One month ago, we pointed out a curious shift in the official language out of China's central bank: in late December, when traders were generally away on vacation, the PBOC indicated a critical shift in the official monetary policy description at the December Central Economic Work Conference, from “prudent and neutral” to “prudent with appropriate looseness and tightness”.
What caught our attention is that the new description was surprisingly similar to what was adopted in 2015, just as monetary policy eased significantly and ahead of the famous "Shanghai Accord" of January 2016 when, as the world was careening to a bear market, a coordinated response from G-7 leaders and China sparked a massive rally in stocks as China unleashed another massive credit injection burst which impacted the global economy for the next year. As Goldman said at the time, "such official policy language, while subtle, can carry important information about the monetary policy stance."
Which is why in January we said that "while traders were focusing on the latest words out of Fed Chair Powell, is the real "risk-on" catalyst the hint out of China that a new "Shanghai Accord" may be imminent" and added that "the answer is most likely yes, especially if the upcoming US-China trade talks fail to yield a favorable outcome, as the alternative would be even more pain for China's economy."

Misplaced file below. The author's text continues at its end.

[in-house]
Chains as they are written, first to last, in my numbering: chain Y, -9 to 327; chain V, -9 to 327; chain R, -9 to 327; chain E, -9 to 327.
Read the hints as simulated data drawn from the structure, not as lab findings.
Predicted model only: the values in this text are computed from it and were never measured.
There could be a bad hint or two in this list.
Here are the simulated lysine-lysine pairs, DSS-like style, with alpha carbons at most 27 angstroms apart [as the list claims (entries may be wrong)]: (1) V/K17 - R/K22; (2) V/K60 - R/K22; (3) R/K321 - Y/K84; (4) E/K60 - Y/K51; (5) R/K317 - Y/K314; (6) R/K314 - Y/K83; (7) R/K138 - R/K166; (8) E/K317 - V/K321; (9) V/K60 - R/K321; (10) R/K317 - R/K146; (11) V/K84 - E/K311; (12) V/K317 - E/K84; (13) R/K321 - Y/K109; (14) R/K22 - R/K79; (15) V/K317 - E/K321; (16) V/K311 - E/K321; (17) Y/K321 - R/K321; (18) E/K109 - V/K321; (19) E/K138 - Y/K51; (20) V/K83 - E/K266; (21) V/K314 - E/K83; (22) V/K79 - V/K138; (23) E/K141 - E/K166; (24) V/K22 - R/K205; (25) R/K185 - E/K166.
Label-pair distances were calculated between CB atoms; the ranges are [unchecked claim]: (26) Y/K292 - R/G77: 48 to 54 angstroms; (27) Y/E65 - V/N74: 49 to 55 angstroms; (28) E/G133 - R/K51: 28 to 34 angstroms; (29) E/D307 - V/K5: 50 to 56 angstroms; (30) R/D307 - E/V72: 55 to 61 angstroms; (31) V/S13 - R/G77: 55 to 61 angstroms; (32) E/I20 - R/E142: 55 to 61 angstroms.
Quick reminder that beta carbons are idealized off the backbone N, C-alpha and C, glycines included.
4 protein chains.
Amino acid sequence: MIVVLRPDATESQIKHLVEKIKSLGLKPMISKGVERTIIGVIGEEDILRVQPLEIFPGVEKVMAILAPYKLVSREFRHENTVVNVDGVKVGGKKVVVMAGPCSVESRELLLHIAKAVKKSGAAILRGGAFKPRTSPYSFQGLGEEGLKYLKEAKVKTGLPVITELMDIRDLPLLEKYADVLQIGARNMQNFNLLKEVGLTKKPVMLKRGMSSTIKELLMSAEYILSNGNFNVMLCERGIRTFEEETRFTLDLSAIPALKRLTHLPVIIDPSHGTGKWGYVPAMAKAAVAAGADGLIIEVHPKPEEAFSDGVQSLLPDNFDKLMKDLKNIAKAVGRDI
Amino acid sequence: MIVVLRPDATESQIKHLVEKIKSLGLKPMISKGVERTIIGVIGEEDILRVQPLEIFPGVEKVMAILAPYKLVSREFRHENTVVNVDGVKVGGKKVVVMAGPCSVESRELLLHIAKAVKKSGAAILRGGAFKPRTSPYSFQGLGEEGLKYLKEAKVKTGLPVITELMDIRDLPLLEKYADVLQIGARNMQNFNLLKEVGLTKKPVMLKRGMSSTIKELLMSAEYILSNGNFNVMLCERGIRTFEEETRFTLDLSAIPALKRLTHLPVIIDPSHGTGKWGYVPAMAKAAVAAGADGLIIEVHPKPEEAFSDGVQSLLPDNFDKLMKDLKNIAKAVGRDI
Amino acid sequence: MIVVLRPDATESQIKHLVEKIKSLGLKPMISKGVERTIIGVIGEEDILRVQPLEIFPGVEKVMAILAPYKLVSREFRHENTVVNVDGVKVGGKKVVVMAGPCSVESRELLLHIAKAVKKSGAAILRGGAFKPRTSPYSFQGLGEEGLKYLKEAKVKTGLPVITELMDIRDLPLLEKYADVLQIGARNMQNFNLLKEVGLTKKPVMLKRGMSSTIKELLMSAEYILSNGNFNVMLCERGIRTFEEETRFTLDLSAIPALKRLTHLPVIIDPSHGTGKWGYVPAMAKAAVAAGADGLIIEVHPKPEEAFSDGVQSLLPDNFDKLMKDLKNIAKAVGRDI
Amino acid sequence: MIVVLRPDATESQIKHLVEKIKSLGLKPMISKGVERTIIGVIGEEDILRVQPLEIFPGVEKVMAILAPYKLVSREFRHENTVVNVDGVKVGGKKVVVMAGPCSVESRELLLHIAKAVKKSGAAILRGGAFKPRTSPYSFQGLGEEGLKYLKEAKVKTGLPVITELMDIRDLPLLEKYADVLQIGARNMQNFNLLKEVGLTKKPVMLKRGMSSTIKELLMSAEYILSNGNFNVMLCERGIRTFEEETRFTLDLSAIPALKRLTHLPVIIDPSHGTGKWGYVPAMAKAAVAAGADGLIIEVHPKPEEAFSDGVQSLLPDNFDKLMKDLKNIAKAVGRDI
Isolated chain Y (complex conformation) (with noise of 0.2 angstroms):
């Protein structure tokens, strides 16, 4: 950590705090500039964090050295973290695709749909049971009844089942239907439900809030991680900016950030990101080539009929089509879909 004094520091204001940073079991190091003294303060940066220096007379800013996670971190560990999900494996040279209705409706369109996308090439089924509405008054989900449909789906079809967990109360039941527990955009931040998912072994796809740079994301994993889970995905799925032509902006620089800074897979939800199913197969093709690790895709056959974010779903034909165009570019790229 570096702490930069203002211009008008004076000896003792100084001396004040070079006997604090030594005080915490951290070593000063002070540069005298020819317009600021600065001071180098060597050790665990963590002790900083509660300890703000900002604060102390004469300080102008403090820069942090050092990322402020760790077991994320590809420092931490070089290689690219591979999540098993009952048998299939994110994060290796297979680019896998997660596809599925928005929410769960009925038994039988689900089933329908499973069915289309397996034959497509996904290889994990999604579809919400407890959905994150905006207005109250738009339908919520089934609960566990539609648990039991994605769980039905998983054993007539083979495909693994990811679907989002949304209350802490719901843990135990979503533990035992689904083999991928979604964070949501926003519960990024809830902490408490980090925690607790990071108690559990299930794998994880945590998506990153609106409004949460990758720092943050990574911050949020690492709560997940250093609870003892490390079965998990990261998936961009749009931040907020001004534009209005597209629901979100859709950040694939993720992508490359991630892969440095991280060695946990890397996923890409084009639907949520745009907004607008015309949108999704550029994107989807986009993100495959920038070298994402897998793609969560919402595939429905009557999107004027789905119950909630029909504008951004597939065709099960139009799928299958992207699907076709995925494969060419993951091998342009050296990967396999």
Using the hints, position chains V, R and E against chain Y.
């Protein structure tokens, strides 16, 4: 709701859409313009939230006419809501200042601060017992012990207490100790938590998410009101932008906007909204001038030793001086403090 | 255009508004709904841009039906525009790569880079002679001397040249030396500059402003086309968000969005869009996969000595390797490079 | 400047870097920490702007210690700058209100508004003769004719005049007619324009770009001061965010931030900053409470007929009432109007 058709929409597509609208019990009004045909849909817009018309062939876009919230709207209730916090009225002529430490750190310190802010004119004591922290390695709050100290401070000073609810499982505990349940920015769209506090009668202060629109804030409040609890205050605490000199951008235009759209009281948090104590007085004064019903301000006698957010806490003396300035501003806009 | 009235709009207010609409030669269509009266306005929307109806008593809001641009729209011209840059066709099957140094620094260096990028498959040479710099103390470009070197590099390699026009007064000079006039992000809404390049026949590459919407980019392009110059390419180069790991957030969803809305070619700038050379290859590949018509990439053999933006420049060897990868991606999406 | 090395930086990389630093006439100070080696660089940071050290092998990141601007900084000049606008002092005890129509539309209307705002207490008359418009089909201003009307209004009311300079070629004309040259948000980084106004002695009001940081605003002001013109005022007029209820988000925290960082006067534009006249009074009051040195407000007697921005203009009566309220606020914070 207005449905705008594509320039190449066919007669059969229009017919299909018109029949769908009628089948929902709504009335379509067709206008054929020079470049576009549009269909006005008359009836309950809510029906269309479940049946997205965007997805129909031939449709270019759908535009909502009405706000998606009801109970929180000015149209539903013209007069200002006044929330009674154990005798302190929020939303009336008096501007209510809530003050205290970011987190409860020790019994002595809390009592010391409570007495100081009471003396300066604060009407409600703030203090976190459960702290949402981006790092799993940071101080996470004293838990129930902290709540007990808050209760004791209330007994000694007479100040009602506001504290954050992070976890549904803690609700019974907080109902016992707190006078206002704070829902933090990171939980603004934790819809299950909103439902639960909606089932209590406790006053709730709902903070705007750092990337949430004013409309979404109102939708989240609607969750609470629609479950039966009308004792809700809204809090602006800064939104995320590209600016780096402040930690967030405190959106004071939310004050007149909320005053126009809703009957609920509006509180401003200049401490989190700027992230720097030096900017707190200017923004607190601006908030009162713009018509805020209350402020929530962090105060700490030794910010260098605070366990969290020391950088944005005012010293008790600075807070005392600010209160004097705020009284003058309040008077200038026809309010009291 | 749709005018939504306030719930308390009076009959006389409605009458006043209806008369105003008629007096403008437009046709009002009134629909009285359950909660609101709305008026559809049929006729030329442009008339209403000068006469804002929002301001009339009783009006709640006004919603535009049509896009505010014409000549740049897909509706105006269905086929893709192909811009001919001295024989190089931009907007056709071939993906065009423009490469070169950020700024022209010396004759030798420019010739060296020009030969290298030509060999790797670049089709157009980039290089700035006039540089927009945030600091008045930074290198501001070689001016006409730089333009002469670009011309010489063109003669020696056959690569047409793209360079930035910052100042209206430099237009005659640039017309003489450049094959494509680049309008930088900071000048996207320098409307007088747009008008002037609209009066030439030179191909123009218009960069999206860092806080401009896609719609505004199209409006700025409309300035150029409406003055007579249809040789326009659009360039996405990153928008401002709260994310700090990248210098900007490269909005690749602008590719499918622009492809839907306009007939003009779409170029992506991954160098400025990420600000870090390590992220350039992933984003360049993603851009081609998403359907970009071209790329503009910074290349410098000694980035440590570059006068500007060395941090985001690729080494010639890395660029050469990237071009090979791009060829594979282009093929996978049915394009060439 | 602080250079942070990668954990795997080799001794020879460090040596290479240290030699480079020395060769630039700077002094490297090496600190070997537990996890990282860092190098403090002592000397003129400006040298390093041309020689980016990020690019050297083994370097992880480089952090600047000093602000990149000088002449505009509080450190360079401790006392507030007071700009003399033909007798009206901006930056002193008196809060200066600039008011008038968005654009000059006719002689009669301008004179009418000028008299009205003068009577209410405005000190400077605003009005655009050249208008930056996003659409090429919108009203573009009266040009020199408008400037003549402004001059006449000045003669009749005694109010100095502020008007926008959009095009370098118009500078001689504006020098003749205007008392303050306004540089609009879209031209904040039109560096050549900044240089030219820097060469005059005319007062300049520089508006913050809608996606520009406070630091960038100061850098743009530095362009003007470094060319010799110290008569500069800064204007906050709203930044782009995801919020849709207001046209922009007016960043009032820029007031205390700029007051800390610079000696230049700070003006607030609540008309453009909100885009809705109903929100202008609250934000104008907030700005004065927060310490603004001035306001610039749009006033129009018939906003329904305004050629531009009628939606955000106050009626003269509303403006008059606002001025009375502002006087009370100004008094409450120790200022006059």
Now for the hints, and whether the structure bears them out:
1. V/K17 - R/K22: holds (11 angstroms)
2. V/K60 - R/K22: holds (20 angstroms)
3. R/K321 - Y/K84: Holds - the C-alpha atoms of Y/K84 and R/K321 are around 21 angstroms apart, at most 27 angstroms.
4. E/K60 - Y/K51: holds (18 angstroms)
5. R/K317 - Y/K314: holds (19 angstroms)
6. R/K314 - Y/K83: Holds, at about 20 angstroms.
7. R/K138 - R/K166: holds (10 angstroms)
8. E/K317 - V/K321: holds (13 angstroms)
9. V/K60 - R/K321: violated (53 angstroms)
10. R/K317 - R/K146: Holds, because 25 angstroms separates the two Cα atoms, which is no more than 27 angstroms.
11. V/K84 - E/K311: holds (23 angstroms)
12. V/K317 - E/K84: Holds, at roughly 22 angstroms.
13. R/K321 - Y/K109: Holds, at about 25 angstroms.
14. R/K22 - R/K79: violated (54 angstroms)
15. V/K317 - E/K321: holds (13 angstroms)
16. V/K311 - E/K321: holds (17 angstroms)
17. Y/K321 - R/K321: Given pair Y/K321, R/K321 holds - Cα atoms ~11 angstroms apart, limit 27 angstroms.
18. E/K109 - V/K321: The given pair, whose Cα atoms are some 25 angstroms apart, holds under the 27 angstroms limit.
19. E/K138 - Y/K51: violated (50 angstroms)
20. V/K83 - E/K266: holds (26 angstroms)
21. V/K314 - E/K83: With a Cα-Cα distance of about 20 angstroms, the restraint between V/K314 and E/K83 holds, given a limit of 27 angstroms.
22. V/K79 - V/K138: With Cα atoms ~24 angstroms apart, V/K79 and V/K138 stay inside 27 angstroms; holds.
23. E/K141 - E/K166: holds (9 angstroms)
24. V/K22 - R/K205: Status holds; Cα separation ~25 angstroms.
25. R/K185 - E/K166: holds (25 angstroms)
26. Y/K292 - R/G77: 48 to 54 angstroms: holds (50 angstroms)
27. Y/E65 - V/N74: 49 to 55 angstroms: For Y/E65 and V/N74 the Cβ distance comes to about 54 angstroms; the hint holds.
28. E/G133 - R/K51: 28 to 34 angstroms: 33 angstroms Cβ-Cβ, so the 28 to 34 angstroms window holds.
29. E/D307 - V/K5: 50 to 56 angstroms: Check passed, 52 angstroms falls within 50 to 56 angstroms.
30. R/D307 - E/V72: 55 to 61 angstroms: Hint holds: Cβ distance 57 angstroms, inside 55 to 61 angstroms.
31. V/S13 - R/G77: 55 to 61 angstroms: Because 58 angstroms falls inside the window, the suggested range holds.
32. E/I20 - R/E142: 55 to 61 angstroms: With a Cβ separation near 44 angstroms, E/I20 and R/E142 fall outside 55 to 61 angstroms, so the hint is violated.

One month later we got the answer when China overnight reported its latest credit aggregate data, and it was a doozy.
While the market's attention may have been focused on that "other" news reported by China overnight, namely yet another disappointing month of CPI and PPI, as China's CPI inflation eased further to 1.7% Y/Y in January from 1.9% in December, while PPI inflation moderated further to just barely above deflation territory, printing at 0.1% yoy in January, the lowest since October 2016...
... the highlight of the overnight data had little to do with China's lagging inflation indicators, and everything to do with China's latest new loan data reported by the PBOC. What it showed was that, whether alone or with others, Beijing has indeed decided to massively reflate its (and the global) economy, in what may soon be dubbed the Shanghai Accord 2.0
Here's what happened in January: Chinese financial institutions made a record 3.23 trillion yuan of new loans, versus a projected 3 trillion yuan. That was the most in any month back to 1992, when the data began, and represented a whopping 13.4% yoy increase in January.
But while the surge in new loans was impressive, it was nothing compared to what China reported in its broader, all-encompassing Aggregate Financing (until recently Total Social Financing), which exploded nearly threefold from December's 1.59 trillion to an unprecedented 4.64 trillion ($685 billion) in the month of January, smashing expectations of 3.31 trillion, and printing far above...